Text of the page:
INDIA'S FORGOTTEN WAR – blogging naxalism.

Return to West Bengal- the Naxalite Octopus

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Are the Naxalites increasing their presence and power in their historic homeland and targetting the newly vulnerable CPI(M)? The answer seems to be yes. The conflict against land acquisitions by local organisations, NGOs and the Trinamool Congress has provided a space for violent action that has been exploited by the Maoists. The once iron hold that the Communist Party of India (Marxist) has held in the state is looking increasingly shaky. Saumitra Mohan in 2007:

If recent patterns of Naxal violence and activism in West Bengal are any indication, the Maoists’ new strategy seems to be moving into new territories and taking up emotive issues like forcible displacement due to industrial and infrastructure development projects. Reports of alleged involvement of the Naxals in the Nandigram disturbances and the recent ‘ration riots’ across West Bengal indicates their changing tactics.

A fascinating and neglected aspect of Naxal tactics and strategy is the ‘movements’ ability to garner support and power by tapping into highly localised social and economic conflicts. Whether the issues are caste in Bihar, tribal oppression in Chhattisgarh or linguistic separatism in Andhra, the Maoists are there, taking up the banners of the angry and marginalised.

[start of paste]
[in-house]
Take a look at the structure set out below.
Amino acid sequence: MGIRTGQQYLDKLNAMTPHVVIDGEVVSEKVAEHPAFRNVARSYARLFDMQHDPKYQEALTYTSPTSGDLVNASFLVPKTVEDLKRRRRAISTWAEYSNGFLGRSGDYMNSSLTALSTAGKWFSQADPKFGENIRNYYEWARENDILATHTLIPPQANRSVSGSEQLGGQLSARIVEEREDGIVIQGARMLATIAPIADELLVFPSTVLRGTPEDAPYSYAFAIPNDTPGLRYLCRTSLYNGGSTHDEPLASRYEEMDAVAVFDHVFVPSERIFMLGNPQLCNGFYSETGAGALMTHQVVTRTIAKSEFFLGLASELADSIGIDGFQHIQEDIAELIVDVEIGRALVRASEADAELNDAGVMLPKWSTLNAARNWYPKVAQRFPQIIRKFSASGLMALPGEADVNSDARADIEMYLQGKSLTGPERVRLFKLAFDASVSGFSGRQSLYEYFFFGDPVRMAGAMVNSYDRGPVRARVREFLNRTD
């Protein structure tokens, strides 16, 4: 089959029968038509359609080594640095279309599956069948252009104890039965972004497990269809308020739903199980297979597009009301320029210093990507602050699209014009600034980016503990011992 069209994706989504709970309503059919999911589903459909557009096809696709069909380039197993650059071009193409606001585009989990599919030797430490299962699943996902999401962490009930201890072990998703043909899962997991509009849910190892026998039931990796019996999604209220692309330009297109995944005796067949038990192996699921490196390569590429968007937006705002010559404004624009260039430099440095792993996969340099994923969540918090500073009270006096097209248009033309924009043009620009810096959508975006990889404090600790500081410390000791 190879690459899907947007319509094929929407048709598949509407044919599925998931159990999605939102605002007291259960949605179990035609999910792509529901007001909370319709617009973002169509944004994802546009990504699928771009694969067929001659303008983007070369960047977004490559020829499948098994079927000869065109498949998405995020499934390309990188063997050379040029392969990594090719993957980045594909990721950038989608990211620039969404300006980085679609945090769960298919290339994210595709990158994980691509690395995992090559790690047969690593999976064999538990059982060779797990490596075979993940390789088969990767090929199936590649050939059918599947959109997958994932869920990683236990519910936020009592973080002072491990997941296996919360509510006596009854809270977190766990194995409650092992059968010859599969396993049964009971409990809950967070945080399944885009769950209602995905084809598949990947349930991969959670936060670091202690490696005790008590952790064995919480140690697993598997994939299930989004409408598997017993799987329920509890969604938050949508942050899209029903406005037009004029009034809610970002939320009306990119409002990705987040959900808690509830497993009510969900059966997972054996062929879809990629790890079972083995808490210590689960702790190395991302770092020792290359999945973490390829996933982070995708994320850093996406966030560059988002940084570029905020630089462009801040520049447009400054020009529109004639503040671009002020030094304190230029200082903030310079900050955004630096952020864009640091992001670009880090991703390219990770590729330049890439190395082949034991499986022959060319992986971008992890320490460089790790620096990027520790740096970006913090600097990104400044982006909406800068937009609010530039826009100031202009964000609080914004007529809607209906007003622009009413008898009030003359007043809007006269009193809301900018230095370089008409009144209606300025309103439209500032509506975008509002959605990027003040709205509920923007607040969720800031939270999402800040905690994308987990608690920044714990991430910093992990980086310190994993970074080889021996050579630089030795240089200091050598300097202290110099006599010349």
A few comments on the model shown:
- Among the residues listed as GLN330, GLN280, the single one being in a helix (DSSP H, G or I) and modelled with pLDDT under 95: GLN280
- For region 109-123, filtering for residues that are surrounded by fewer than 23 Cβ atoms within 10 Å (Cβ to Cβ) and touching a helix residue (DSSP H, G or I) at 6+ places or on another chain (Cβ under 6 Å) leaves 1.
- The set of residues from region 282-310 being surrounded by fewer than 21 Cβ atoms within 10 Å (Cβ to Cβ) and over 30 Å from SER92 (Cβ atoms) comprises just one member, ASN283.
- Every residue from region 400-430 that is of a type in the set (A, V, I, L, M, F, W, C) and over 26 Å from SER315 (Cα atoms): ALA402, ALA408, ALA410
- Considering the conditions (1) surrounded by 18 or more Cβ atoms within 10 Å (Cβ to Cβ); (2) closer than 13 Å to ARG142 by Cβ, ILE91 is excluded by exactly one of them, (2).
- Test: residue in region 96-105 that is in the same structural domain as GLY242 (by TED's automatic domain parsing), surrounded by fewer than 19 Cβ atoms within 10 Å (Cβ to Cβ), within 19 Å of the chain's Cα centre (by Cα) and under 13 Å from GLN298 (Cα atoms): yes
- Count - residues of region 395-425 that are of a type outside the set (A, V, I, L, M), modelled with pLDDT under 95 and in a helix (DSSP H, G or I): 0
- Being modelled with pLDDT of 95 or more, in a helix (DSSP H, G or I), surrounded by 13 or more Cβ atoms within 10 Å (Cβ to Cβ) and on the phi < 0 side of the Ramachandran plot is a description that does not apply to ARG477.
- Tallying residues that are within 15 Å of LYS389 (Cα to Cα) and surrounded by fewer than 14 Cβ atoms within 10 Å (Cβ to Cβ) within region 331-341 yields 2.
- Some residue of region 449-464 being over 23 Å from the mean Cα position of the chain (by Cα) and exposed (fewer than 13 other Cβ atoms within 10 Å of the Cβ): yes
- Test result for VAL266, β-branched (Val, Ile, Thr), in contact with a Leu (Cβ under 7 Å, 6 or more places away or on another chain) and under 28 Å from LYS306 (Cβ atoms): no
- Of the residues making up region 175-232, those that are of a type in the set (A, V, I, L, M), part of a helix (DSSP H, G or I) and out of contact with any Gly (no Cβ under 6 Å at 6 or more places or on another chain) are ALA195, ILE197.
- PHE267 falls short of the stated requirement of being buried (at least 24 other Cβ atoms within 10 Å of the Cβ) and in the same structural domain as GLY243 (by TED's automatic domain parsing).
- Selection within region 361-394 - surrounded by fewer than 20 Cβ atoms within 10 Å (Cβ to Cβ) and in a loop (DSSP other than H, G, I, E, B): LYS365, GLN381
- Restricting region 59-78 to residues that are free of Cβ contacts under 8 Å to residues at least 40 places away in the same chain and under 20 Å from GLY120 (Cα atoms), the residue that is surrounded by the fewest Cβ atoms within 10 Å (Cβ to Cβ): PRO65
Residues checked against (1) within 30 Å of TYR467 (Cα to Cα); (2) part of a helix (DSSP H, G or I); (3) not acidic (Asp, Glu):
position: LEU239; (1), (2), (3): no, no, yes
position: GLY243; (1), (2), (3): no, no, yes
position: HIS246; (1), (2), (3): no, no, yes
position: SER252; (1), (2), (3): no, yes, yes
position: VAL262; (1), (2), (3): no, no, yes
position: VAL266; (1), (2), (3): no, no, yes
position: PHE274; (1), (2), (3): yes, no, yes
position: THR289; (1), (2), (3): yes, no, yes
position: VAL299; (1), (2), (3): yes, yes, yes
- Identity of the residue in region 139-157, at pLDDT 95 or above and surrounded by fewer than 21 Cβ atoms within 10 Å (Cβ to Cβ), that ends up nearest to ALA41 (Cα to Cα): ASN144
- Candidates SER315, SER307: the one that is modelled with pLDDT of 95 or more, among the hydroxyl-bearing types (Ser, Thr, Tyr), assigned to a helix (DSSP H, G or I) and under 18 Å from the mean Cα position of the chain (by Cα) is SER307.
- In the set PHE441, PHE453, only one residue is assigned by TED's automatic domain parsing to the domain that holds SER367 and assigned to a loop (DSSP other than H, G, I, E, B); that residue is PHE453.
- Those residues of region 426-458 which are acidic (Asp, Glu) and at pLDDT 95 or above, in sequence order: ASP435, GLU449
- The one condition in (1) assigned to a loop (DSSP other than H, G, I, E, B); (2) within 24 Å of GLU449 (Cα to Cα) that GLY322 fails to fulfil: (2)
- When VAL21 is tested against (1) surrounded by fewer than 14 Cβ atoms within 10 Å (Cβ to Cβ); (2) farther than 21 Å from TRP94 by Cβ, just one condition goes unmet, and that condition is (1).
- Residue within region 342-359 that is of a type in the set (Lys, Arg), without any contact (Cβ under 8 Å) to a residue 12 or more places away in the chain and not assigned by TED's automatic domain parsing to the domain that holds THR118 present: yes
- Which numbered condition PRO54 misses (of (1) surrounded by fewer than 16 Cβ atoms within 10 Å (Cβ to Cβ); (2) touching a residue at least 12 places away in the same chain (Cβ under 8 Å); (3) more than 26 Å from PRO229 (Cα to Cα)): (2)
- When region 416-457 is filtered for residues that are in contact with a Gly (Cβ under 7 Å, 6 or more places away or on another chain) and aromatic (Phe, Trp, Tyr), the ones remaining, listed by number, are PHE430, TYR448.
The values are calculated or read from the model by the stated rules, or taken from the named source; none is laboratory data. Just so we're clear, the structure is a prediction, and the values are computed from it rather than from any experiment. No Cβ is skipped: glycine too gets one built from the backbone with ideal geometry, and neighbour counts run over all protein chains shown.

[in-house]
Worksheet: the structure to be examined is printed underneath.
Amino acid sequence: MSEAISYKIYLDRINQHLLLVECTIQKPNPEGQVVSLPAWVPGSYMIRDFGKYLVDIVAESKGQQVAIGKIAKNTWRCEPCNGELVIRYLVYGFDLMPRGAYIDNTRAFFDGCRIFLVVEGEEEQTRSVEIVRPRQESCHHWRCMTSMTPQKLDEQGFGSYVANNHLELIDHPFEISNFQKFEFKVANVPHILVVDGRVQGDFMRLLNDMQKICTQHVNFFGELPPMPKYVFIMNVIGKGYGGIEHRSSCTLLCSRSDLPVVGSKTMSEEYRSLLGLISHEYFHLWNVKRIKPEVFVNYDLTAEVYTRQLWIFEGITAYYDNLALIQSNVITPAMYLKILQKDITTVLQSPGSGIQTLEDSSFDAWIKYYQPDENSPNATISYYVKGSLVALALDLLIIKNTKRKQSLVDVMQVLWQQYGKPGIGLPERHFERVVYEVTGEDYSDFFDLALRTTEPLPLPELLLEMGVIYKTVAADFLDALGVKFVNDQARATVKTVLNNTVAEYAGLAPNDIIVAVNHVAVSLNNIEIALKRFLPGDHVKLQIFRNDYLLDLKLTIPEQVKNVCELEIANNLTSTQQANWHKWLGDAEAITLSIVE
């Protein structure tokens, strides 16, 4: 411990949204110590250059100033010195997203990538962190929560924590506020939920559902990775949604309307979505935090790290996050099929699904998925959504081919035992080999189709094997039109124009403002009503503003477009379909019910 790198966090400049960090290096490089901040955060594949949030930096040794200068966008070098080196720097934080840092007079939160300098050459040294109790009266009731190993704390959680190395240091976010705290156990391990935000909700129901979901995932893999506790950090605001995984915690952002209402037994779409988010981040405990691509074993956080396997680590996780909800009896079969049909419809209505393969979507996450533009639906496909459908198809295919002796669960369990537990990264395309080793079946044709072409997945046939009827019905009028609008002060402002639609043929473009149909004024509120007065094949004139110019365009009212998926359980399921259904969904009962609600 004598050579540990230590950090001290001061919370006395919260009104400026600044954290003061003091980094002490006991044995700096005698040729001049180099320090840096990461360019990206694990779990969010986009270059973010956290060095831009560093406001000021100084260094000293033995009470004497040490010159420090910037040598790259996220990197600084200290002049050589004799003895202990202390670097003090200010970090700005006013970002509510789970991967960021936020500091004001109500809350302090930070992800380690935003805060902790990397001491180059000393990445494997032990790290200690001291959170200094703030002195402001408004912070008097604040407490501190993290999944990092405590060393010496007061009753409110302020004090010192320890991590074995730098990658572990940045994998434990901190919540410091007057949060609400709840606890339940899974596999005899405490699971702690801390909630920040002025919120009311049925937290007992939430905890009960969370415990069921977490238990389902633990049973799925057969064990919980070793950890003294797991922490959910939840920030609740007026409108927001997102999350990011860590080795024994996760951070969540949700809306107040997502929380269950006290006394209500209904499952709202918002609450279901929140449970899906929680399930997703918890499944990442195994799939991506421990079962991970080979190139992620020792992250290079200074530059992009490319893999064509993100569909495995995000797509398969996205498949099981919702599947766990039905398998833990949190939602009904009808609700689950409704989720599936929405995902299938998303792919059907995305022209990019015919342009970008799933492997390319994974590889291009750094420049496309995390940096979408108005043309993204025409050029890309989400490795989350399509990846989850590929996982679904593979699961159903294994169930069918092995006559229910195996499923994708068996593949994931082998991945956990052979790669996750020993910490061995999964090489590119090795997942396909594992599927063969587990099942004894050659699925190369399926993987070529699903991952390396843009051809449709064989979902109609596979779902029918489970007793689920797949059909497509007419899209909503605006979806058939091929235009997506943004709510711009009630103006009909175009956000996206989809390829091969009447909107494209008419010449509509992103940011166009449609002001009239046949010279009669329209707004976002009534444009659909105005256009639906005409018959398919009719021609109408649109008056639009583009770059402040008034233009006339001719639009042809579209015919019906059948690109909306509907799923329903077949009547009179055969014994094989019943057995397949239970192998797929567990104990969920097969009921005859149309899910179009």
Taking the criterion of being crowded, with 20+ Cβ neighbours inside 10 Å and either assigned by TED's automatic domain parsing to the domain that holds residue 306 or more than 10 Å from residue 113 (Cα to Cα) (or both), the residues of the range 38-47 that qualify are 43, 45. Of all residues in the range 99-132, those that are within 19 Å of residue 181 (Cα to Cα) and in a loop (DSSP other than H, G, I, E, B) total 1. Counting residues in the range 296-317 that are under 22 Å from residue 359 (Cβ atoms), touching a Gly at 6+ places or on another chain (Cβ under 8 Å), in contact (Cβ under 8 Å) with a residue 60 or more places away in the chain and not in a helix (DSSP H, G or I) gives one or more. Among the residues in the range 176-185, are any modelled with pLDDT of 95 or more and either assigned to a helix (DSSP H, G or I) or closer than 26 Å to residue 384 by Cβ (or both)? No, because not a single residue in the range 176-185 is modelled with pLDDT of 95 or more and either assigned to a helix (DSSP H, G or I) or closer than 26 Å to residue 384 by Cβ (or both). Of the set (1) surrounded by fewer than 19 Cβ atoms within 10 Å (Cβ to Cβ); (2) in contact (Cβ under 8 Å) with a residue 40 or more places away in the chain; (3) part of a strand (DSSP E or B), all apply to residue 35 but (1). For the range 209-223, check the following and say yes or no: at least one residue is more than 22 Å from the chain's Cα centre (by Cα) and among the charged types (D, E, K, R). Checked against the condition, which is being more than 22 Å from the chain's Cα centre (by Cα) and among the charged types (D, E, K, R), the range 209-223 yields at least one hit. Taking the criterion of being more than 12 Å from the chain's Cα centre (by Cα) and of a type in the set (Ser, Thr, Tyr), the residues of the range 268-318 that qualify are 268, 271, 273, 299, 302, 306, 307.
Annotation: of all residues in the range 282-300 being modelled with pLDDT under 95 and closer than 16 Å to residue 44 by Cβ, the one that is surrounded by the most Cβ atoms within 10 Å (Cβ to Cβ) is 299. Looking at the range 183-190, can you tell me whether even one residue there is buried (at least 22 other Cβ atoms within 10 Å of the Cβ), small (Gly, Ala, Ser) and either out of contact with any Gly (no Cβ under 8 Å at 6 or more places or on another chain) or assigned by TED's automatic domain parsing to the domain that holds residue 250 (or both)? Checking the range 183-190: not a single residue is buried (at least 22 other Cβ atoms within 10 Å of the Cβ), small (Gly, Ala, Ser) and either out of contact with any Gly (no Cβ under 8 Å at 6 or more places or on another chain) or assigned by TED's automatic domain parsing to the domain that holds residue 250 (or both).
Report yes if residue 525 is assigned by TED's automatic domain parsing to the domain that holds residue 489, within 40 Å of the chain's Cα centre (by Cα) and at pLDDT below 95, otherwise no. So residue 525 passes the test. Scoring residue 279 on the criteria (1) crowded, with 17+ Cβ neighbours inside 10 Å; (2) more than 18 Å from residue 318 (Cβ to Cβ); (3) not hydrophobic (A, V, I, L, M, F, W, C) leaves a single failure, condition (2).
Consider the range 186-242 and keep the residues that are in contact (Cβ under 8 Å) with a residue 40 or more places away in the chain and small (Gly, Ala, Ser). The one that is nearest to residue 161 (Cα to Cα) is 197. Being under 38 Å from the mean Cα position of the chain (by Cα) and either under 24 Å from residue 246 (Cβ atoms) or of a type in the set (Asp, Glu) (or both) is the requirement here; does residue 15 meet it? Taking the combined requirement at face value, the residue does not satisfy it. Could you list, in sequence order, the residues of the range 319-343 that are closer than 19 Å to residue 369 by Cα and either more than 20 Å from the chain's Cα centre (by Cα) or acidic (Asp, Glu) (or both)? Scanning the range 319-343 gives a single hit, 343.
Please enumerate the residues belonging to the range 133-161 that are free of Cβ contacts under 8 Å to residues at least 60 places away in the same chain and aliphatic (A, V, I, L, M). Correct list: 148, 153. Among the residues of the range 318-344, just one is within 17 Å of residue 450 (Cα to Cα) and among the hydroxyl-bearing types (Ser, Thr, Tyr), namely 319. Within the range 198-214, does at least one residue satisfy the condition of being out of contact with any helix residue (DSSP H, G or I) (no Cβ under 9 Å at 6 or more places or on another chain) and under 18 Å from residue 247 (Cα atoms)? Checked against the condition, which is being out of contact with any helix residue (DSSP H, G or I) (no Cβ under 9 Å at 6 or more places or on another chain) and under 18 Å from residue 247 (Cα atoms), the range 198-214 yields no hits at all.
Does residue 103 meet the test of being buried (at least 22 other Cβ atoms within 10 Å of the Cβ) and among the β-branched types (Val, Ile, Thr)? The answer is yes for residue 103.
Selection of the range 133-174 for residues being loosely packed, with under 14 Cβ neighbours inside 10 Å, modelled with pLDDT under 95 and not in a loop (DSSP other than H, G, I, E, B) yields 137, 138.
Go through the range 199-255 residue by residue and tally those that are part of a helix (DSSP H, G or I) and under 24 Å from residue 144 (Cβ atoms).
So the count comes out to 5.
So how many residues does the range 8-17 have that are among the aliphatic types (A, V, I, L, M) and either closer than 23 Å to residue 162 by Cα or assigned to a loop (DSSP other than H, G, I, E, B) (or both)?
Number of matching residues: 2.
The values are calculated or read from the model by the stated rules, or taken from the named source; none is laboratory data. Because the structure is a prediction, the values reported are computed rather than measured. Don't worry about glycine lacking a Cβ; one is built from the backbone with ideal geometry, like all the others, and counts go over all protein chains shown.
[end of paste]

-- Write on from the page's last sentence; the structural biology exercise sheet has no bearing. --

This issue-based mobilisation is reflective of the highly decentralised nature of the Maoist insurgency as well as its functional flexibility and pragmatism. Is it even meaningful to talk about ‘the Maoist insurgency’ when it really is more a collection of localised insurgencies with all with a high degree of autonomy? The myth of the totalitarian,  ideologically rigid Naxalite threat is precisely that- a myth.

This, in large parts, explains why the Maoists have been able to survive for four decades while on numerous occasions they seemed to face extinction. This is why they are growing. If one arm of the octopus is chopped off, another somewhere else takes its place.

West Bengal is a case in-point. The birthplace of Naxalism (and the home of Naxalbari, a village from where the Maoists got there name), West Bengal was engulfed in a virtual civil war during the late 1960s and early 1970s. After a brutal police campaign, the Naxalite cadres and leaders were either killed, imprisoned, or abandoned the movement.

The election of the CPI(M) government in 1979, its vigorous policies of land-reform and iron grip on the West Bengal countryside meant that there was an absence of issues around which to mobilise. The movement faded in the state and shifted to places like Bihar and Jharkhand.

This is beginning to change precisely because there is growing disenchantment in the rural areas with the Communist government in Calcutta. The land expropriation issue has created a space for the return of revolutionary Maoism in its birthplace.  If West Bengal does again become a stronghold of the Naxalites, it would be an ideal case study for what not to do to contain insurgency in India. It would also provide a valuable glimpse in the soial, economic, and political conditions which the Naxalites can exploit to their advantage.

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